• Direct mail — Many dental offices send thousands of pieces of direct mail every year to their community. Focusing on new dental treatment for head, neck, and facial pain is certain to make your literature stand out and attract some of the 40 million HNFP sufferers in the United States.

• Print advertising — A brief trip through the Yellow Pages or local newspaper will quickly demonstrate the uniformity of advertising strategies employed by most dental practices. Shifting the focus of advertising to head, neck, and facial pain treatment will not only differentiate your practice but also quickly catch people's attention.

Community education and outreach

Finally, your marketing campaign should also target your community. Most people, including medical doctors, are not aware of the relationship between 40 million people's head, neck, and facial pain and proper dental occlusion. Therefore, dentists have the exciting opportunity to initiate several important educational initiatives that will raise awareness about proper occlusion, and draw attention to the particular dental practice.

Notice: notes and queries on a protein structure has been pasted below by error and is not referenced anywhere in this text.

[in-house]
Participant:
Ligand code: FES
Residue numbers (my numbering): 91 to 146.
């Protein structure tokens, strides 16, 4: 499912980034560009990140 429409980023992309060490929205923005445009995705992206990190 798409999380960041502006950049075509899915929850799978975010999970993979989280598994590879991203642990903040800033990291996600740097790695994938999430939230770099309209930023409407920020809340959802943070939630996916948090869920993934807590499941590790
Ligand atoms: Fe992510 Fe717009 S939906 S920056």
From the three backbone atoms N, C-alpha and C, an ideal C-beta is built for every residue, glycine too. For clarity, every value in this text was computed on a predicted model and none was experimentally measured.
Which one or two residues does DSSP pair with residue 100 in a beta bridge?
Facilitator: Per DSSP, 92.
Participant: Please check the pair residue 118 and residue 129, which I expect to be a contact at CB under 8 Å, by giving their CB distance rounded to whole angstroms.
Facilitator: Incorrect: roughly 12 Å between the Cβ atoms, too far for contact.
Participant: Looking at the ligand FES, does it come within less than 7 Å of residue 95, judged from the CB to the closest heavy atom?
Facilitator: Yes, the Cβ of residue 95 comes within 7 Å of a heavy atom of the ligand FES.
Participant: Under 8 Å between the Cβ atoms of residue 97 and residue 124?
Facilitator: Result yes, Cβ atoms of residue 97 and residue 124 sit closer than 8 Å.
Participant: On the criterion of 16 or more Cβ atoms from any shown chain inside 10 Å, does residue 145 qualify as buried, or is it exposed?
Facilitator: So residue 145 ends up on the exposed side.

You can reach your community using several methods:

• Local media outreach — Dentists can easily create a media outreach packet that includes information about occlusal interference, the clinician's biography, and several patient testimonials to facilitate placement and interviews in local media outlets such as television, radio, and newspapers.

• Medical community outreach — Realizing that a majority of the patients who suffer from pain due to malocclusion are in the care of medical doctors who have not been trained to recognize bite problems and therefore are unable to successfully treat them is important. Dentists should get into contact with neurologists, ENTs, and internists in their community and educate them about the importance of proper occlusion to facilitate referrals.

• Community groups outreach — Almost every city and state has community groups of patients who are suffering from chronic head, neck, and facial pain. These groups provide forums where leading local doctors can provide brief educational seminars to heighten patient awareness of innovative medical discoveries and treatments. Often, these groups provide easy access to large networks of patients in need of and receptive to treatment.

Head, neck, and facial pain and biomechanical dental disease has the unique quality of being a great opportunity to build your practice and reputation while serving your patients.

Hundreds of leading practitioners have already successfully adopted many of the simple marketing concepts outlined in this article.